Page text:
by Mike Andrew -
SGN Staff Writer
The killer of Gay Puerto Rican teen Jorge Steven Lopez Mercado has entered a guilty plea and has been sentenced for the crime.
Juan Jose Martinez Matos confessed to the murder during a hearing in Caguas on Wednesday, May 12. He had been scheduled to go on trial for killing Lopez on Monday, May 17.
Martinez told the court he understood the consequences of his actions, and Judge Miriam Camila Jusino immediately sentenced him to 99 years in prison.
Lopez was stabbed to death, decapitated, dismembered, and his body was partially burned in a gruesome murder in Cayey, Puerto Rico, on November 12 last year.
Martinez was arrested several days later and reportedly told police that he had picked up Lopez thinking he was a female prostitute, and became enraged when he realized his mistake.
Primera Hora newspaper reported that Lopez's parents, Myriam Mercado and Jorge Lopez, hugged prosecutor Yaritza Carrasquillo after the hearing.
Mercado told the newspaper that the killer's confession was bittersweet for her and her family.
"We are able to find a bit of peace in this aspect, but it still is not going to return Steven," she told reporters. "But at least there is justice in Puerto Rico."
Jorge Lopez repeated his previous statements of forgiveness for the killer.
"I want to send a message to Juan [Martinez] and tell him there is hope in Christ," said Lopez with tears in his eyes. "The Lord has forgiveness for him, irregardless of what has happened. God has a plan for him if he opens his heart to Christ. God will forgive him also."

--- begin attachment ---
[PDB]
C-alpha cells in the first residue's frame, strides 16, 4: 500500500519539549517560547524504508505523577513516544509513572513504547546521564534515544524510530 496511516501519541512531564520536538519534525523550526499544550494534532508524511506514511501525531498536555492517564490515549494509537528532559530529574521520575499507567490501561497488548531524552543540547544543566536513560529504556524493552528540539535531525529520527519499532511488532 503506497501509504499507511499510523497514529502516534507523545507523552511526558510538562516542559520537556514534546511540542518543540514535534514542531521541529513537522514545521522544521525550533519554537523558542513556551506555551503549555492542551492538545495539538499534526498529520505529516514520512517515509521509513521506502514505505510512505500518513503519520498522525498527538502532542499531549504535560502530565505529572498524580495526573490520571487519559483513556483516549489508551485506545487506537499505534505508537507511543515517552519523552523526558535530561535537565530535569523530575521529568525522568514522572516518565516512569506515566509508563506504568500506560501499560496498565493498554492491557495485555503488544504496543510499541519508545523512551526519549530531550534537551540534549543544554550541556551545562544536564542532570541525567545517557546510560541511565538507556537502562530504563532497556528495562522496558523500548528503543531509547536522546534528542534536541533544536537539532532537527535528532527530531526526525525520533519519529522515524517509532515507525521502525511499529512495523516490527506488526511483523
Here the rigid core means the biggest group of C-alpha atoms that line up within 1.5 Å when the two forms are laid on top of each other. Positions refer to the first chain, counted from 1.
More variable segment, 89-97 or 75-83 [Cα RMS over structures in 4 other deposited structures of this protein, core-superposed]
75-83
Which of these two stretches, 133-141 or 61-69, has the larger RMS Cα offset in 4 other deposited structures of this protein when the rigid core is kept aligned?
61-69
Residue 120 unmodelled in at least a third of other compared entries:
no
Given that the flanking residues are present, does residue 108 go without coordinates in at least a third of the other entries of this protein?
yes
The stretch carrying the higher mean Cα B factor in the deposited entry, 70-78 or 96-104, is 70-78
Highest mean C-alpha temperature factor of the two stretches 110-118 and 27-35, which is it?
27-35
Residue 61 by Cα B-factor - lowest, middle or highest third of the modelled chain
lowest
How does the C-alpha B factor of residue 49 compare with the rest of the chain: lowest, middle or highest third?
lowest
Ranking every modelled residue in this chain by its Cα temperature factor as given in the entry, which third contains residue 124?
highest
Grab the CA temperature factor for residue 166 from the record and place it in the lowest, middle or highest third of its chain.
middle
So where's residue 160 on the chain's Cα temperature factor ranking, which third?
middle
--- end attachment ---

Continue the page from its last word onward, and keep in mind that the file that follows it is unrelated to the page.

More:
The brutality of the crime made international headlines, and brought in outside intervention.
In one of the first applications of the Matthew Shepard and James Byrd Jr. Hate Crimes Act, the FBI monitored the case and was prepared to intervene if local authorities failed to convict Martinez.
Puerto Rico has hate crime legislation on the books, but it has never been used.
New York City Council Speaker Christine Quinn and Illinois state Sen. Iris Martinez, who chairs the Democratic National Committee's Hispanic Caucus, traveled to Puerto Rico and met with local officials and LGBT activists in January.
Their delegation also challenged Puerto Rico Gov. Luis Fortuño for not publicly condemning the teenager's murder.
Pedro Julio Serrano of the National Gay and Lesbian Task Force (NGLTF), who was in Caguas when Martinez confessed to Lopez's murder, told reporters there was not a dry eye in the courtroom.
The NGLTF has an office in San Juan, Puerto Rico, and was active in urging local officials to investigate and prosecute the case.
Serrano added that Lopez's family remains a source of inspiration for him and other LGBT Puerto Ricans.
"The family is sending a powerful message to the world of the love that conquers hate," he said.
In a written statement circulated by NGLTF, Serrano stressed that the organization's work against hate crimes will continue.
"This was a brutal crime, and today's developments have been very emotional for Jorge Steven's family and friends, as well as to the entire Lesbian, Gay, Bisexual and Transgender community in Puerto Rico. While the guilty plea and sentencing bring some closure, these wounds will never heal for those who knew and loved Jorge Steven.
"Yet, despite how heart-wrenching this has all been, Jorge Steven's family has been so loving and strong; they have been and continue to be a symbol of love conquering hate. This has inspired me and so many others in our work to keep this from happening again."
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